The IFTF Blog
Geographies of Transition: Notes on Demonetization in India
Demonetization in India
This year's Ten Year Forecast Research explores "Geographies of Transition" the world over. Join us in 2017 as we navigate the business landscape of the next decade and map the quickly-shifting boundaries of our organizations, industries, and nations.
On November 8, 2016, Indian Prime Minister Norendra Modi announced that the 500 and 1,000 rupee bank note were no longer legal tender. It was a surprise to the Indian public and the rest of the world. There were no previously announced plans or legislation to lead anyone to expect it, and as one might imagine, it wasn’t an easy transition to live through. However, drastic moments in history often lead to new innovations, and demonetization is no exception.
It might seem pretty crazy to delegitimize roughly 86% of the cash in circulation (by value) of any country, let alone the third largest economy in Asia. In a country within which 1.25 billion people complete a whopping 98% of all transactions in cash, the declaration immediately impacted the lives of every Indian, from the richest to the most poor. The move had many justifications, including a cure for the incredible amount of counterfeit money, an attempt to flush money out of the hands of terrorists, and to bring India into a modern cashless world.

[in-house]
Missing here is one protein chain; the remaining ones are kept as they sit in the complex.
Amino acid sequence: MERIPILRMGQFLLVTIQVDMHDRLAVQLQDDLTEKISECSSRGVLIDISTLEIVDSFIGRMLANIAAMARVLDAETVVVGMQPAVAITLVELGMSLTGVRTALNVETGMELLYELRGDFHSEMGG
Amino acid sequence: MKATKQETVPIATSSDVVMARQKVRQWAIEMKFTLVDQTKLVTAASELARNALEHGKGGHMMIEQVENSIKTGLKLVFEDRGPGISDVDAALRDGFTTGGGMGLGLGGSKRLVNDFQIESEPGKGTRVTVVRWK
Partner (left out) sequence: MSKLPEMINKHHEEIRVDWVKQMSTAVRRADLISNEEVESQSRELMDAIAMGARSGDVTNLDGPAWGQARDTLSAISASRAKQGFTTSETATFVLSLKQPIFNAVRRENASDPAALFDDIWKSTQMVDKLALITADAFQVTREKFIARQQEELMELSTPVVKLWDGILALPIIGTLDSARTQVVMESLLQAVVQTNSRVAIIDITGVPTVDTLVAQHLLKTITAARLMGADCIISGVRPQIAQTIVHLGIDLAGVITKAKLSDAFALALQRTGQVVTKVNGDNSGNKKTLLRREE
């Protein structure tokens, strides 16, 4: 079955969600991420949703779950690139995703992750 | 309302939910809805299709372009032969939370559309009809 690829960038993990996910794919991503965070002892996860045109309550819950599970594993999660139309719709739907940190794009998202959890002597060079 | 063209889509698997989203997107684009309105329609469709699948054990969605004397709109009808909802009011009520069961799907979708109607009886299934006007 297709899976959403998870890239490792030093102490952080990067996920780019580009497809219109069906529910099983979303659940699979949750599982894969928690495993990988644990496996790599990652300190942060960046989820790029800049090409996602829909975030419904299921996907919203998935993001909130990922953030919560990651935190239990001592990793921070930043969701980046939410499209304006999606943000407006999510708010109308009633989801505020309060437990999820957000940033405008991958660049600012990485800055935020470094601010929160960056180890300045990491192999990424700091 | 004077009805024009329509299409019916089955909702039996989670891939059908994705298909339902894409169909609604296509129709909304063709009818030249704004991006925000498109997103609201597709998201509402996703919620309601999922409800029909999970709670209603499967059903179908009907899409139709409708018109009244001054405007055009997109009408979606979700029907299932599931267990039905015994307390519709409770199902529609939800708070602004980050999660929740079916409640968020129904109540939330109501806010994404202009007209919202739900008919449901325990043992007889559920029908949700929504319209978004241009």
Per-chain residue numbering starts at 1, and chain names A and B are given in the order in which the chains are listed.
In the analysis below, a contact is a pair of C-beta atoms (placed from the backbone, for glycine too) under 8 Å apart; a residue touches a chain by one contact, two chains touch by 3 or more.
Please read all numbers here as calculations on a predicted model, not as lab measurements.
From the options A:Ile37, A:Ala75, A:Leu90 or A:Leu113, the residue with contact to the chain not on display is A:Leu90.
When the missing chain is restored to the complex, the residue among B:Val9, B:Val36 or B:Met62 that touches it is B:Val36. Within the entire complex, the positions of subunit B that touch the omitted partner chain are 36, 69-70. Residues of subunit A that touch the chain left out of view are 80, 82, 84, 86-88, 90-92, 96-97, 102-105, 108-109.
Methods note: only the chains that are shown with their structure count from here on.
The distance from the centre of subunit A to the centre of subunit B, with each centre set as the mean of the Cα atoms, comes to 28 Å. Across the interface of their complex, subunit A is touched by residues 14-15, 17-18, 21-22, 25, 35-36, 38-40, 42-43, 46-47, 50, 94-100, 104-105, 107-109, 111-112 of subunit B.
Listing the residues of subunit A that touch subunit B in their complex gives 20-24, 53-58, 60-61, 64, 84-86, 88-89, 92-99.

Image: A weaver refused to take any kind of digital payment, but admitted he needed to adapt soon or risk losing business
While demonetization has been attempted twice before in India, it has never been implemented in this scale. The scheme, in a nutshell, is this:
All 500 and 1,000 rupee notes are demonetized as of November 8, 2016.
Indians had until December 30st to bring them to state banks and deposit them into bank accounts.
November 25th was the last day to exchange the bank notes with new 500 and 2,000 notes.
For both deposit and exchange, daily limits were imposed.
Withdrawal of notes from ATMs was limited to a daily amount of 2,000 then 2,500, then 4,500 rupees.
The transition happened very fast. Indians had less than two months to exchange the majority of their cash, which because of the deposit and transaction limits, often required many trips to the bank. It was common that lines at banks and ATMs had long lines for hours, and quickly ran out of cash, which continued well into January of 2017. Because of this, Indians got very creative with the way they coped. Some entrepreneurs seized the opportunity and started selling chai and food to people standing in line. Wealthier Indians hired people to stand in line for them, sometimes employing multiple people to help speed up the process. Businesses found ways to lure new customers by offering to accept old notes for their services, such a gym that offered deals for new memberships. The move affected everyday life in such a sudden way that people were even meeting up for dates in the lines of ATMs.
Image: Standing in long lines at ATMs was commonplace weeks after demonetization